All the while the undercover operatives, in the words of Judge Bruce, "carefully orchestrated a belief in the defendants [Nuttall and Korody] that they were working with a large and sophisticated terrorist organization that by now had spent huge sums of money and had devoted many of its scarce resources to what they had come to believe was their plan to do jihad." According to Judge Bruce, "Officer A" went so far as to warn Nuttall and Korody that if they did not go through with the Canada Day bombing plot, the couple might be killed by outraged jihadists.
Justice Bruce sternly condemned the decision of "Officer A" to try to counter Nuttall and Korody's concerns that Allah might not countenance any action that would hurt or kill innocent people. "It is intolerable," Justice Bruce ruled, "that the police placed themselves in the position of spiritual advisor and proceeded to dole out religious guidance that propelled the defendants towards unconditional acceptance of radical jihadist beliefs."
The RCMP made sure that Nuttall and Korody were well compensated on their way to the planting of three pressure-cooker bombs on the terrain of Victoria's main Canada Day festivities. Once Nuttall and Korody were persuaded by the undercover cops that they were "mujahideen and involved in jihadist terrorism," the police became very generous. The federal police came up with "a continual supply of money to the defendants for jobs, groceries, cigarettes, clothing, computer hard drives, telephones, hotel stays, trips to Victoria and Kelowna, bus passes and transportation."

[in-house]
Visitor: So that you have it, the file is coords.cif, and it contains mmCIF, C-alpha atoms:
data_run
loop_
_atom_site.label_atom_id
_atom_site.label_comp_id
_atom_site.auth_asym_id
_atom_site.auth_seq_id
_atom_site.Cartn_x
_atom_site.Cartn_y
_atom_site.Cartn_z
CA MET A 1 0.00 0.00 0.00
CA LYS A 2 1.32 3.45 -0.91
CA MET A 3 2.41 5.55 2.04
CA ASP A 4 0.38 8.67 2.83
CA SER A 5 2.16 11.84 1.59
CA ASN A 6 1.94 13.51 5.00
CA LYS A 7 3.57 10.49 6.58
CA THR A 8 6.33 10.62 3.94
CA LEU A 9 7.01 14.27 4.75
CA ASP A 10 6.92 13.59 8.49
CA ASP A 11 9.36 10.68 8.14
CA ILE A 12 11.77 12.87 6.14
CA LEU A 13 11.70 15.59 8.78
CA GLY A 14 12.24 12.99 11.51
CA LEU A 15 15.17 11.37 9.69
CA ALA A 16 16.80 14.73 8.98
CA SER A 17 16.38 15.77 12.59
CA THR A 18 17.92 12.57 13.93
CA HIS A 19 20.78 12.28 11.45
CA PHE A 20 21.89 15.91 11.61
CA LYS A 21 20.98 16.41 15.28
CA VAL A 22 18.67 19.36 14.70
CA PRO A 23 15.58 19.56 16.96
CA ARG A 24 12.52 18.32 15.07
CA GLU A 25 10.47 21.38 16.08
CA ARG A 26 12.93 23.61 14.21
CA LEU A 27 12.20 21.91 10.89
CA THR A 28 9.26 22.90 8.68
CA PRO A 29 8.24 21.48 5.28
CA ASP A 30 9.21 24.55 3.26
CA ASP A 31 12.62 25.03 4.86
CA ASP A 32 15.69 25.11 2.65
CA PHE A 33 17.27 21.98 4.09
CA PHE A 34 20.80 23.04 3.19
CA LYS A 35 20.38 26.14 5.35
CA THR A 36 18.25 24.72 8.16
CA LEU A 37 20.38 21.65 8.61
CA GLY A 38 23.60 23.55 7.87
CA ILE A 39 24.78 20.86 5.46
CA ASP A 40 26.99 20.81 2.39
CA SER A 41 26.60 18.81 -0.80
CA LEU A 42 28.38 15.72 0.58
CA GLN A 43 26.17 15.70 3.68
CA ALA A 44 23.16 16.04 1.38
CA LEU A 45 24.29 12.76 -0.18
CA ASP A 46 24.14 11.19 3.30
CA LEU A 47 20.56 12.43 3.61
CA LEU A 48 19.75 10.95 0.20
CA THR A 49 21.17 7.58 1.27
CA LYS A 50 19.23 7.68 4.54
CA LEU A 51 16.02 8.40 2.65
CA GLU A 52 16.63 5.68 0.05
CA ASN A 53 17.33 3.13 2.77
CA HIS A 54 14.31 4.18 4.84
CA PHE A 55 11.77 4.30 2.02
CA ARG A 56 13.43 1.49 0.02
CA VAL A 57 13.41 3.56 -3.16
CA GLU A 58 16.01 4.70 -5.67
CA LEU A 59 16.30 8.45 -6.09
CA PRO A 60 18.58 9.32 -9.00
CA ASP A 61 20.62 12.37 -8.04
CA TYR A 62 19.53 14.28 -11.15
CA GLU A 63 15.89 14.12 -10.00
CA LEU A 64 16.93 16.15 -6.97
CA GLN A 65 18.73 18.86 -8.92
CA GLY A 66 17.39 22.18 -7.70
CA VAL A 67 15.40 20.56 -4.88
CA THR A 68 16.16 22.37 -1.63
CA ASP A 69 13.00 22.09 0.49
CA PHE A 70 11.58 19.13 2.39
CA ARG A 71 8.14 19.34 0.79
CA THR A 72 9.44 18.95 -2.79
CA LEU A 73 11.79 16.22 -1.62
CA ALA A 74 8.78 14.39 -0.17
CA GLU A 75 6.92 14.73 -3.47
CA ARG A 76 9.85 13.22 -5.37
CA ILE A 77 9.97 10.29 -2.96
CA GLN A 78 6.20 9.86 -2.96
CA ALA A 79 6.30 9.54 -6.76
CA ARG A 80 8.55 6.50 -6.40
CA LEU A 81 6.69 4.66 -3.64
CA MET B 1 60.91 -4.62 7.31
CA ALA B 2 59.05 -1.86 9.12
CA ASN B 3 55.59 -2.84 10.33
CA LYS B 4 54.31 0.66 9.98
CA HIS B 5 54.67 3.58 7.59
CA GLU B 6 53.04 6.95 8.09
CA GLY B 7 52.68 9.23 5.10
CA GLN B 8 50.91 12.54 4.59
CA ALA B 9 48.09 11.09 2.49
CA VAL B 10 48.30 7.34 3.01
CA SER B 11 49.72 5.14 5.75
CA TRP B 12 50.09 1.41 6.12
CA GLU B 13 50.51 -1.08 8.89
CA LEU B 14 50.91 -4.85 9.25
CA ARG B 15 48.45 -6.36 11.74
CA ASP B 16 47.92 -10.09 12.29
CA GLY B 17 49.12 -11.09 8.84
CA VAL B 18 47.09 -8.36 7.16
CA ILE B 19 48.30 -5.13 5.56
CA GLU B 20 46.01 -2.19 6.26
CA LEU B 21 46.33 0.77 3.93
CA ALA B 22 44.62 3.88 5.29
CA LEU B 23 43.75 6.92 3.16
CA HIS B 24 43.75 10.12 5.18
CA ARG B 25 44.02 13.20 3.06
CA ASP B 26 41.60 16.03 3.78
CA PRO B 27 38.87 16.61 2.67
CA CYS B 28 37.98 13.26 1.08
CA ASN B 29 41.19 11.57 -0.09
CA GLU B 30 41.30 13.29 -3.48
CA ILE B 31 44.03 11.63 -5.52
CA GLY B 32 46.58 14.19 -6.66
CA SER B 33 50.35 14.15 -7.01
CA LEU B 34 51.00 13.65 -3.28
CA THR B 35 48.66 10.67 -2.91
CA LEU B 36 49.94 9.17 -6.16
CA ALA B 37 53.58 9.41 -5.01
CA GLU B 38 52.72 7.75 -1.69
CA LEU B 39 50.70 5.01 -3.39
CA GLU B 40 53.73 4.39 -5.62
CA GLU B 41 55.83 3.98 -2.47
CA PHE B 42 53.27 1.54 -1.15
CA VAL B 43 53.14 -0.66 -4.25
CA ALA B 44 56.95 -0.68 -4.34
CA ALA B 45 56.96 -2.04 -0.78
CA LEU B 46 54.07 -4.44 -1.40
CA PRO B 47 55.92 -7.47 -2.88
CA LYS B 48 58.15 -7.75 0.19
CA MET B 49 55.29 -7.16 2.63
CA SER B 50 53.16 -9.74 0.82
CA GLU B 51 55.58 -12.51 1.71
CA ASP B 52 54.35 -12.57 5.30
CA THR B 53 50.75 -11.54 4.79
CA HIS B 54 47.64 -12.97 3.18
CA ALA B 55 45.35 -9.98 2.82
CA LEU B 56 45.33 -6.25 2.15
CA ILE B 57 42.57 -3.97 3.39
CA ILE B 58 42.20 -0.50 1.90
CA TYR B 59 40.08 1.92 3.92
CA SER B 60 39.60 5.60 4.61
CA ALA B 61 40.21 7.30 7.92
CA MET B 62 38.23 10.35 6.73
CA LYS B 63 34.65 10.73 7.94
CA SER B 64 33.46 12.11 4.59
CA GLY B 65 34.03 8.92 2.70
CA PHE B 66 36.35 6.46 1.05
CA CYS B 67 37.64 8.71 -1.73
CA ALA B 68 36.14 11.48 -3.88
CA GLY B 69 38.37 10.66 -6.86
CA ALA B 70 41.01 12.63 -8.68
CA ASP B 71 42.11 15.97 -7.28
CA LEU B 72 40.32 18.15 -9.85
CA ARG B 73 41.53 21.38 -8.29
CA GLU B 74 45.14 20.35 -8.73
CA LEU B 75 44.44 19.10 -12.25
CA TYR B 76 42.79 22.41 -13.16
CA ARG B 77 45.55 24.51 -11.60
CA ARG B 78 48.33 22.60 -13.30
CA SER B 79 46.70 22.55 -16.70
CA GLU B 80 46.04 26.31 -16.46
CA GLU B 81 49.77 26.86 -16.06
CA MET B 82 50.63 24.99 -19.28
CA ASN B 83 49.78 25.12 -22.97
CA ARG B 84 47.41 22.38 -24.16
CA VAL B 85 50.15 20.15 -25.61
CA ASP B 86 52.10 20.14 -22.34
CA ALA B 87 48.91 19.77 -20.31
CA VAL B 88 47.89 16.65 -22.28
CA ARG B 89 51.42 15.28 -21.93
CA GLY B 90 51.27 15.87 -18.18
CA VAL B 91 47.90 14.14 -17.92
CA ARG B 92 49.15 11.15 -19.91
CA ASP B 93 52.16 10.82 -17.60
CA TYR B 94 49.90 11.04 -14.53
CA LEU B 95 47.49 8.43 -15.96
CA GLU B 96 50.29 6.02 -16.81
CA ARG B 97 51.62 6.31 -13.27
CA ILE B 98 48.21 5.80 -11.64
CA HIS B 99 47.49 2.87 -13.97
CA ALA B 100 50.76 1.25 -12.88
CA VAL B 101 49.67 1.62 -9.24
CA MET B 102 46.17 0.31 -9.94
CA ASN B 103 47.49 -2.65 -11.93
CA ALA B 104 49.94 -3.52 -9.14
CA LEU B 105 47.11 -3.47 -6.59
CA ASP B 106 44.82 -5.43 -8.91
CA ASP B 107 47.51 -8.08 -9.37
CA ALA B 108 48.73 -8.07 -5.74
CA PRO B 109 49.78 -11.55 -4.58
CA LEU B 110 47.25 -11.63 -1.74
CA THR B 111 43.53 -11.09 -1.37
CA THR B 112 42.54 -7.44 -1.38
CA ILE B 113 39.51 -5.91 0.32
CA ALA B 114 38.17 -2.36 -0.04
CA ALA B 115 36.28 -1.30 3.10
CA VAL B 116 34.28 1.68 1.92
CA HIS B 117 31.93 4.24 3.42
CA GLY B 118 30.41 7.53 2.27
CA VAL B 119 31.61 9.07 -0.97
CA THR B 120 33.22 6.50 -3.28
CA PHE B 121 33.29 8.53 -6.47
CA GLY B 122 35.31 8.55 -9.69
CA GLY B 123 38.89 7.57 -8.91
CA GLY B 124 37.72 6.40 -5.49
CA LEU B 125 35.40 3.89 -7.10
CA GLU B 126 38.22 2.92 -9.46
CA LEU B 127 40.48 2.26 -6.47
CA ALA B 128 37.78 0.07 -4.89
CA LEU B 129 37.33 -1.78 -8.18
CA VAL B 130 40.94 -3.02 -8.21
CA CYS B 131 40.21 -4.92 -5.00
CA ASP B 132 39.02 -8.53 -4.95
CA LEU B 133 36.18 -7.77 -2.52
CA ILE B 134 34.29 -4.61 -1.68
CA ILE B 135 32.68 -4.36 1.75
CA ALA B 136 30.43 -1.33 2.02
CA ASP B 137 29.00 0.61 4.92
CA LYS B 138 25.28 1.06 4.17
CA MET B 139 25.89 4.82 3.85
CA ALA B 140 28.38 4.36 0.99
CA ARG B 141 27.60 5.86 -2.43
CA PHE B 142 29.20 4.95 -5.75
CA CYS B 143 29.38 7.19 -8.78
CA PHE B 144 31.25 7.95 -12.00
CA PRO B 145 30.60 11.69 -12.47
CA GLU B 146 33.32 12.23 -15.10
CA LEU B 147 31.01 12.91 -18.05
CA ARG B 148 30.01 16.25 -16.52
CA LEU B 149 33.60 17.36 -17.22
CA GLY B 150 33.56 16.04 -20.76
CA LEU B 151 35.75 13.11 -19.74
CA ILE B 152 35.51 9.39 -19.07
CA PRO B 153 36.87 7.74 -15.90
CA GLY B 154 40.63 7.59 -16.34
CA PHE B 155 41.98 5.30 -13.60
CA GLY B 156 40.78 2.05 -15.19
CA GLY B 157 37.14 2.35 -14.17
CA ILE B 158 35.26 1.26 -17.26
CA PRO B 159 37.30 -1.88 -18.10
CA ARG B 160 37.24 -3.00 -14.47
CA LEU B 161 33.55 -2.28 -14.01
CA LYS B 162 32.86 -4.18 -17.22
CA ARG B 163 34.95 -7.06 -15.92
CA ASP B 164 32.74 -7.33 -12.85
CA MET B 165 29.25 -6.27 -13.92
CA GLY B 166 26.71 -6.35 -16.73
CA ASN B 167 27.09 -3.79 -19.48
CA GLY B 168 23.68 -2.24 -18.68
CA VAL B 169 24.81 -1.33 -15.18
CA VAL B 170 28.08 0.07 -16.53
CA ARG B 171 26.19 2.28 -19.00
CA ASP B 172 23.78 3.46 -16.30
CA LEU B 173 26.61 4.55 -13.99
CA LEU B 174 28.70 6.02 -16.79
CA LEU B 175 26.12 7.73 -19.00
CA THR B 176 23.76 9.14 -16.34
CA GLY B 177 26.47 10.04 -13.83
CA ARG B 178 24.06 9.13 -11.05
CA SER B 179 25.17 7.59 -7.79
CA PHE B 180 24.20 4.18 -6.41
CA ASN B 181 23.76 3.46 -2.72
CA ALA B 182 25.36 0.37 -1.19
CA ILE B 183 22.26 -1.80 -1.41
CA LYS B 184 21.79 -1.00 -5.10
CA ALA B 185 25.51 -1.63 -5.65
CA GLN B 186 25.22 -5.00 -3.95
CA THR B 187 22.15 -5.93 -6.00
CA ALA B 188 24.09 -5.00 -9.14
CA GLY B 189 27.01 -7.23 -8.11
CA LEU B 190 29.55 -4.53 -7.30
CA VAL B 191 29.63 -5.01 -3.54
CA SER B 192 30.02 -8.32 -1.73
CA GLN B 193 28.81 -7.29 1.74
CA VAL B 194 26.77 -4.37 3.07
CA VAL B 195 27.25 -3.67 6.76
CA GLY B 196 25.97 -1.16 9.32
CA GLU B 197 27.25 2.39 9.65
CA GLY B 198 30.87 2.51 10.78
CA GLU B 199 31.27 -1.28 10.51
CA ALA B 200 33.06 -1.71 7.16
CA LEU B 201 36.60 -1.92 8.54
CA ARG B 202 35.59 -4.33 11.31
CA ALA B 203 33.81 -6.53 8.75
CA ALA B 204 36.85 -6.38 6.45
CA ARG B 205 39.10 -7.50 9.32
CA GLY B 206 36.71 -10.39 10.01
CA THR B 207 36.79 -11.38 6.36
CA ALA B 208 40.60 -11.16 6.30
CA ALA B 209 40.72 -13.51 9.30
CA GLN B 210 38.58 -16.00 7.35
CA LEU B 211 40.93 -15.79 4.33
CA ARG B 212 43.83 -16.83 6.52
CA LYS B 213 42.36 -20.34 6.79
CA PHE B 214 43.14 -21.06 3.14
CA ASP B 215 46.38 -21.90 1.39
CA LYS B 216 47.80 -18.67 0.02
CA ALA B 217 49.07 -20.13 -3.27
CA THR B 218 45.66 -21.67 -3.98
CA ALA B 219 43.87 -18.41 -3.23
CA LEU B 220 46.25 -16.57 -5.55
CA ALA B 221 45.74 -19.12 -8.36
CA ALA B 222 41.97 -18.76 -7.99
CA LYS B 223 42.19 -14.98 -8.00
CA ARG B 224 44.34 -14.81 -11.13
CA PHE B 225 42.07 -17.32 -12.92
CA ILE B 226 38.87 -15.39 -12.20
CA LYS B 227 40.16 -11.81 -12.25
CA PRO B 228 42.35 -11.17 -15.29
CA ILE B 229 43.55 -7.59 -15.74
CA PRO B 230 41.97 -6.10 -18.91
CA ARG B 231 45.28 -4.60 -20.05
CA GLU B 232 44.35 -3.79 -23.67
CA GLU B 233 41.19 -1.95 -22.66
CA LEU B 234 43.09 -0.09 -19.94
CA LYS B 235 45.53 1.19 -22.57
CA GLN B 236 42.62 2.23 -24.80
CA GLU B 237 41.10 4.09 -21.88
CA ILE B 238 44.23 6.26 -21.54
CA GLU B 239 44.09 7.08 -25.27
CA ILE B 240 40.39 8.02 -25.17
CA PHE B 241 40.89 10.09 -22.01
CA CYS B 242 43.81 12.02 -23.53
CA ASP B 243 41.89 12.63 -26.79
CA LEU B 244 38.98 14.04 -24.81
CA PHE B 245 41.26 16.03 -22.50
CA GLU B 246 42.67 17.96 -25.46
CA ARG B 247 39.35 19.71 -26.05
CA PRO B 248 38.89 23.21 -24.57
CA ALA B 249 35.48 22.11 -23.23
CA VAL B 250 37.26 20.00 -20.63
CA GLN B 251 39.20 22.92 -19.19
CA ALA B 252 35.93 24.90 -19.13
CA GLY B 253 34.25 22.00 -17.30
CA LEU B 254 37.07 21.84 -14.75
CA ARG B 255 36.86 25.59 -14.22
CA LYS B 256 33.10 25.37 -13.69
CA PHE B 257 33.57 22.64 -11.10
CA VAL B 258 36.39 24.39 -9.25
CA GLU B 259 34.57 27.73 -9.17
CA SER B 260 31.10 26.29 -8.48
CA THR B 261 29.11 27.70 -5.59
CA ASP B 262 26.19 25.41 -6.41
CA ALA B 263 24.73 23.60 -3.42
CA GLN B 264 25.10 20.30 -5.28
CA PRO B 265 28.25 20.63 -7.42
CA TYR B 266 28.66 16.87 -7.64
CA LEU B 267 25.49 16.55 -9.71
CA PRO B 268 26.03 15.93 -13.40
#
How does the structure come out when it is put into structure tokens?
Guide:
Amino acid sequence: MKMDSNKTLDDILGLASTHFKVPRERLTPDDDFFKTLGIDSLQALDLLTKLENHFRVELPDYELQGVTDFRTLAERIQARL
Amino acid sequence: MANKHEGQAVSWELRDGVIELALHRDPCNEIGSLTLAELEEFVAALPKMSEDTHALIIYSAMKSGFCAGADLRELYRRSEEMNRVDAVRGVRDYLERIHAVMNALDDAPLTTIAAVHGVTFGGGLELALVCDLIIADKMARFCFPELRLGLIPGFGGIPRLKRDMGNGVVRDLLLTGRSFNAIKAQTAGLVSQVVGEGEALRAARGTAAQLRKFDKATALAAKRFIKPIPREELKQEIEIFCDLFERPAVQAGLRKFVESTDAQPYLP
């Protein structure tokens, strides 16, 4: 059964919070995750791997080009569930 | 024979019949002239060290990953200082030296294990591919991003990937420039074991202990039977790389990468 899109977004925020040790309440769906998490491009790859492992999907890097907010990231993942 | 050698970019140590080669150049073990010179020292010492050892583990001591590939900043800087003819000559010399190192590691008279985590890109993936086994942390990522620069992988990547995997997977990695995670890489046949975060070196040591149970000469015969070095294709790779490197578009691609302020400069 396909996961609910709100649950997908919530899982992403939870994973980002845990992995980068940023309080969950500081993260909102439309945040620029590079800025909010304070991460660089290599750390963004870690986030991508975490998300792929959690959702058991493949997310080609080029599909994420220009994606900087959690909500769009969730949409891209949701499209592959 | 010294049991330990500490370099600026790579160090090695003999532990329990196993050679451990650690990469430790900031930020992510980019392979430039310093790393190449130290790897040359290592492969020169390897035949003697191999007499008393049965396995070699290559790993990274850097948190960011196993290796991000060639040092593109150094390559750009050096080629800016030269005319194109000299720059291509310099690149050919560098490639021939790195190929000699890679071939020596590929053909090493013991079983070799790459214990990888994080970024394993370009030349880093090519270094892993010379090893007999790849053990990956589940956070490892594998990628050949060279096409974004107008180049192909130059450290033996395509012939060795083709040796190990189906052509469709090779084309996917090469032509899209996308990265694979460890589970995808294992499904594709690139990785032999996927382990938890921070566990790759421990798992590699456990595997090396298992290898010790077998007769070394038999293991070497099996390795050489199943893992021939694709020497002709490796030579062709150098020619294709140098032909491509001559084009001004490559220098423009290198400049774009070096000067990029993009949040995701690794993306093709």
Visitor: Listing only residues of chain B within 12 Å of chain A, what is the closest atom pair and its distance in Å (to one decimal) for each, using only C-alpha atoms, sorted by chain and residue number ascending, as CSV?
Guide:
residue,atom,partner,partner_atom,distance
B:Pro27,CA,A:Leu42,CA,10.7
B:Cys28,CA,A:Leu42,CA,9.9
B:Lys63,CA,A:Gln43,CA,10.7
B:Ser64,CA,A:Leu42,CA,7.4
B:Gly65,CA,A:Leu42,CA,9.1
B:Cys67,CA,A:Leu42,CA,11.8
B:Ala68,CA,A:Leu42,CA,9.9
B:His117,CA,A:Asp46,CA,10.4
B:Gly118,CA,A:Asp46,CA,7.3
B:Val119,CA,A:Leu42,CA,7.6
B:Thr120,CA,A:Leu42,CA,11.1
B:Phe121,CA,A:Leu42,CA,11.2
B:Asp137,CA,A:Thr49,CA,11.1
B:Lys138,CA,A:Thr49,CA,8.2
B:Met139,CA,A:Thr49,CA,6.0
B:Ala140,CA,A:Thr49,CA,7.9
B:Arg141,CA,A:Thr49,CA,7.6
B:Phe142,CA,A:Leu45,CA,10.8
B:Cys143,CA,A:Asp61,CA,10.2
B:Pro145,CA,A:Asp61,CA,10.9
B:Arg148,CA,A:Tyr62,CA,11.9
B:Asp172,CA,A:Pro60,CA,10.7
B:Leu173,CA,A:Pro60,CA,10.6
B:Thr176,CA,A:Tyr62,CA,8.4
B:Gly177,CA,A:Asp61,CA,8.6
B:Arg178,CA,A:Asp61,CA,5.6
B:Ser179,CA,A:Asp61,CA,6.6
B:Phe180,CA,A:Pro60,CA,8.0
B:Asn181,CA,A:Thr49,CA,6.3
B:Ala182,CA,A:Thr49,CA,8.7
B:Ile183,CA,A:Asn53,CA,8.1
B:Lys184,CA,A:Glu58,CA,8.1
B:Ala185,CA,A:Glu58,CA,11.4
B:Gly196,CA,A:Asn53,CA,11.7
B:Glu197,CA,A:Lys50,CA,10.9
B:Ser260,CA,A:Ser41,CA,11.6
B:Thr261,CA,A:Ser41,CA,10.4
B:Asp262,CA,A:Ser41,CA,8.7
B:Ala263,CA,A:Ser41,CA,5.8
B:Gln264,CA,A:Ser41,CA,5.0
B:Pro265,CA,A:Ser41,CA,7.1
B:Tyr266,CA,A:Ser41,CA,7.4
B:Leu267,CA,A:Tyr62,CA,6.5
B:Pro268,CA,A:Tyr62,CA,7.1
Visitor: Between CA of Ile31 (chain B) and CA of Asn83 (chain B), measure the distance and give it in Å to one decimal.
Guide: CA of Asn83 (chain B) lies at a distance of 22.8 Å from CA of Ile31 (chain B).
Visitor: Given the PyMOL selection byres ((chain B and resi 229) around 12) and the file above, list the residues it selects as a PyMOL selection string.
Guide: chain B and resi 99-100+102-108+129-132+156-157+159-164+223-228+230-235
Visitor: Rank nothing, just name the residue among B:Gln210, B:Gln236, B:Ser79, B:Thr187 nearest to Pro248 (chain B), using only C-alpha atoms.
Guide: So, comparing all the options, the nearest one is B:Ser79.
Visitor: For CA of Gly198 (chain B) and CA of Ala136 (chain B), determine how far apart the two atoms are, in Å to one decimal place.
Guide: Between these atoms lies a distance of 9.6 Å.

In staying the charges against Nuttall and Korody, Justice Bruce ruled, "There are no remedies less drastic than a stay of proceedings that will address the abuse of process. The spectre of the defendants serving a life sentence for a crime that the police manufactured by exploiting their vulnerabilities, by instilling fear that they would be killed if they backed out, and by quashing all doubts they had in the religious justifications for the crime, is offensive to our concept of fundamental justice. Simply put, the world has enough terrorists. We do not need the police to create more out of marginalized people who have neither the capacity nor sufficient motivation to do it themselves."
Most of the media coverage of Judge Bruce's ruling treated the case as some sort of aberration, as a one-of-a-kind lapse of judgment by the federal police force and its political masters. I have not seen much effort in mainstream media to explain the episode as an illustrative part of deeper currents of history or wider patterns of international geopolitics. This kind of contextual analysis is apparently discouraged in an era when the maintenance of so many official narratives depends on the prevalence of encouraged amnesia and blinkered thinking in the part of the public.
Terrorism is in fact reflective of many similar FBI operations in the United States.
How was it that Canadian government officials decided that it was justifiable over a period of several months during the first half of 2013 to invest the paid endeavours of over 200 members of the federal police force as well as millions of dollars of public funds into an episode of state-promoted Islamophobia? How was it that the federal paymasters of the operation had no qualms about seeing a BC couple entrapped into a crime carrying sentences of life imprisonment? This corruption is epitomized in the efforts of the RCMP's "Officer A" to offer up Islamic theological interpretations aimed at pushing Nuttall and Korody to overcome their qualms about committing violent and possibly lethal acts of Islamic jihad.
How many other undercover operatives and handlers in various parts of the world have acted much like "Officer A"? How has the official Wahabism favored by the government of Saudi Arabia been exploited to dramatize public perceptions of the dangers of jihadist extremism? How common are the tactics of "Officer A" and possibly also the FBI's handler of Elton Simpson in helping to build up the imagery of menacing Islamic foes in what is depicted as the enemy side of the Global War on Terror?